The phrase ‘paid internship’ is becoming an oxymoron. And over the last several years, the demise of the paid intern has been accompanied by a huge growth in the number of unpaid internships. But some of these internships offer little or no educational experience to the students they employ. The trend toward unpaid employment has caught the attention of state and federal law enforcement officers, who cite strict federal guidelines that employers must follow when hiring students without pay. Federal and state government agencies must distinguish between beneficial unpaid internships and those that exploit students and enforce labor laws to protect students.

As reported on Apr. 2 by The New York Times, investigations into several exploitative internships have been opened by state officials and, more recently, by the U.S. Department of Labor. The acting director of the department’s wage and hour division has said that unpaid internships offered by for-profit companies are legal in only a few circumstances. Federal law requires that unpaid work by trainees adhere to six criteria. Companies can’t derive immediate benefit from the labor, the experience must be similar to that of a vocational school and the interns can’t displace paid workers.

Granted, many unpaid internships offer students valuable educational opportunities. They can also help students form connections with employers that may lead to permanent jobs. In today’s competitive job market, employers consider practical work experience crucial. Many unpaid internships provide students with this experience. And unpaid internships can fill an important hole on a student’s résumé by familiarizing them with the inner workings of an industry. Students shouldn’t be scared off by horror stories because many internships can make a big difference when searching for a job after graduation.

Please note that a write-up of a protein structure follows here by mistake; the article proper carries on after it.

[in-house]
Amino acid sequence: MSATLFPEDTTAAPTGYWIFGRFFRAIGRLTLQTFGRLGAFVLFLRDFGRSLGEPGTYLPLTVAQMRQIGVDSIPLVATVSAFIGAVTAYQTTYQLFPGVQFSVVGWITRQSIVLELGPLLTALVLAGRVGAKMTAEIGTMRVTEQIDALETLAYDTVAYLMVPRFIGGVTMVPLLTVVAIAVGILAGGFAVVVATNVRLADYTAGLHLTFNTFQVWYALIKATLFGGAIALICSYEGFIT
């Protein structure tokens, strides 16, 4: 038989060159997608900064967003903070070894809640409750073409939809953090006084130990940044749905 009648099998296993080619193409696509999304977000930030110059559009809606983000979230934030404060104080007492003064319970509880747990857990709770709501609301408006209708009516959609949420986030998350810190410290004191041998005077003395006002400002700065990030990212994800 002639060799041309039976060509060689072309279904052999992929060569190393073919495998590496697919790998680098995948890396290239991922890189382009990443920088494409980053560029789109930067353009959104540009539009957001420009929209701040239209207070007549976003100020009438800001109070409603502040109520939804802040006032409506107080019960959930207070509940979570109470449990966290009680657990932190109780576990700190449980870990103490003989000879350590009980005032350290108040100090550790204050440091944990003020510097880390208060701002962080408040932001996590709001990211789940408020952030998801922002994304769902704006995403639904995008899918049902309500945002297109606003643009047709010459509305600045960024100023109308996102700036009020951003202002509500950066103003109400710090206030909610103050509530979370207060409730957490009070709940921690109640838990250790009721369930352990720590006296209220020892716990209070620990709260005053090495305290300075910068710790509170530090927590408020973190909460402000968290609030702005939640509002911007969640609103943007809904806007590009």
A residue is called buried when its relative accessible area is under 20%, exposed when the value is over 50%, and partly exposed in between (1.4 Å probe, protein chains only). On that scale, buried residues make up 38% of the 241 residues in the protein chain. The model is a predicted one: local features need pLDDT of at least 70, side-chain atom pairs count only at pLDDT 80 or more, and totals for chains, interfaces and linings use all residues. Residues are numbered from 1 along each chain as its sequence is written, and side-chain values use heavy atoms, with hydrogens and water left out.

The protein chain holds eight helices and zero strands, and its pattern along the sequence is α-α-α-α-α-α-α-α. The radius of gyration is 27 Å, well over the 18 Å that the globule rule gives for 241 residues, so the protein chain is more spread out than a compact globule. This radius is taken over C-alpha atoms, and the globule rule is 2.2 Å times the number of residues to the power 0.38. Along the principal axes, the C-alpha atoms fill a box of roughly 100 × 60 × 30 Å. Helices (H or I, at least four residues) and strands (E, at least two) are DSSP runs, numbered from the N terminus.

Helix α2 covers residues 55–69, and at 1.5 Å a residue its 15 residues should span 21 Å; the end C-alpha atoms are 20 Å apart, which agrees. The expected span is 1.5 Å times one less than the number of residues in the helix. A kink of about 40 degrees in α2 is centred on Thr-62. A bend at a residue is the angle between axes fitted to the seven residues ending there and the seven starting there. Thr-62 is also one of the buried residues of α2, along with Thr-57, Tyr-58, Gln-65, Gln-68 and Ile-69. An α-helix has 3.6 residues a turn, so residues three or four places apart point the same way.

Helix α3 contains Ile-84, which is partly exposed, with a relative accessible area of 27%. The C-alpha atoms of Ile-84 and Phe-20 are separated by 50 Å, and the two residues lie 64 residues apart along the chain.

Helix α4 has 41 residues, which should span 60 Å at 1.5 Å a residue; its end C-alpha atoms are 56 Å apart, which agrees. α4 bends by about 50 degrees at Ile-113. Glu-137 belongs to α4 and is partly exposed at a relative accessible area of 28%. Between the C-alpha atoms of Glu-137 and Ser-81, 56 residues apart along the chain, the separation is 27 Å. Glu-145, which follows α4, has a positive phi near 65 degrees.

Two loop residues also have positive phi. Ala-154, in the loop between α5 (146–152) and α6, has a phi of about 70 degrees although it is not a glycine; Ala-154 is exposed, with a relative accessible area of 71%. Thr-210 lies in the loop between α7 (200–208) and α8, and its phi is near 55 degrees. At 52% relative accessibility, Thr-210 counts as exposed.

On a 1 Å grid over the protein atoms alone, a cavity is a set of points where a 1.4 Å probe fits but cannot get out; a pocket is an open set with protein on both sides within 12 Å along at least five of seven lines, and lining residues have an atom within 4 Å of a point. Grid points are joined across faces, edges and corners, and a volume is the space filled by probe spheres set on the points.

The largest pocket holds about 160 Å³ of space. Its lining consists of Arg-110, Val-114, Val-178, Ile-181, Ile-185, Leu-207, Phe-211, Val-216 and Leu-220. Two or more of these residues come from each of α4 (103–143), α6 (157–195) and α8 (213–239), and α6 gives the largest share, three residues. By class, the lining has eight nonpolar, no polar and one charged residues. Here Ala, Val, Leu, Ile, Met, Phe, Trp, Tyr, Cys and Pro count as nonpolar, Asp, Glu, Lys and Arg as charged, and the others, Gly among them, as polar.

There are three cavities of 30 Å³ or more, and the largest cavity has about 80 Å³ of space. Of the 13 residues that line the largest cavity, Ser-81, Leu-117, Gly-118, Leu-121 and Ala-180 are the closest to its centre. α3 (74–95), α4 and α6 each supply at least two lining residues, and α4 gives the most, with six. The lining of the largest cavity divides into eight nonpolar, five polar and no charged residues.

But some employers use students who are desperate for work experience as free labor. Some firms are known to take on “interns” to perform menial tasks that don’t have educational value. The students find themselves in the same office as professionals in their career field, but they are still far from an educational experience because they aren’t really involved. And students in particularly competitive industries may feel they have no choice but to remain in a useless unpaid job simply to have the credential on their résumé. These situations warrant government intervention to protect students.

But the most troubling problem with the growth of unpaid internships is the effect they have on the students who can’t afford them. Many students’ finances don’t allow them to spend the summer without income, and they are unable pay for the travel or housing expenses associated with an internship. But because internships are important to prospective employers, the inability of low-income students to accept unpaid internships could put them at a serious disadvantage when they look for jobs. Employers should appropriately compensate students to incentivize a diverse group of students to take internships and help level the playing field.

Students are valuable members of society and when their work contributes to the welfare of a firm, they deserve fair compensation. They should speak up when they feel they’re being exploited. And when they do, the government needs to protect them.

Leave a comment

Your email address will not be published.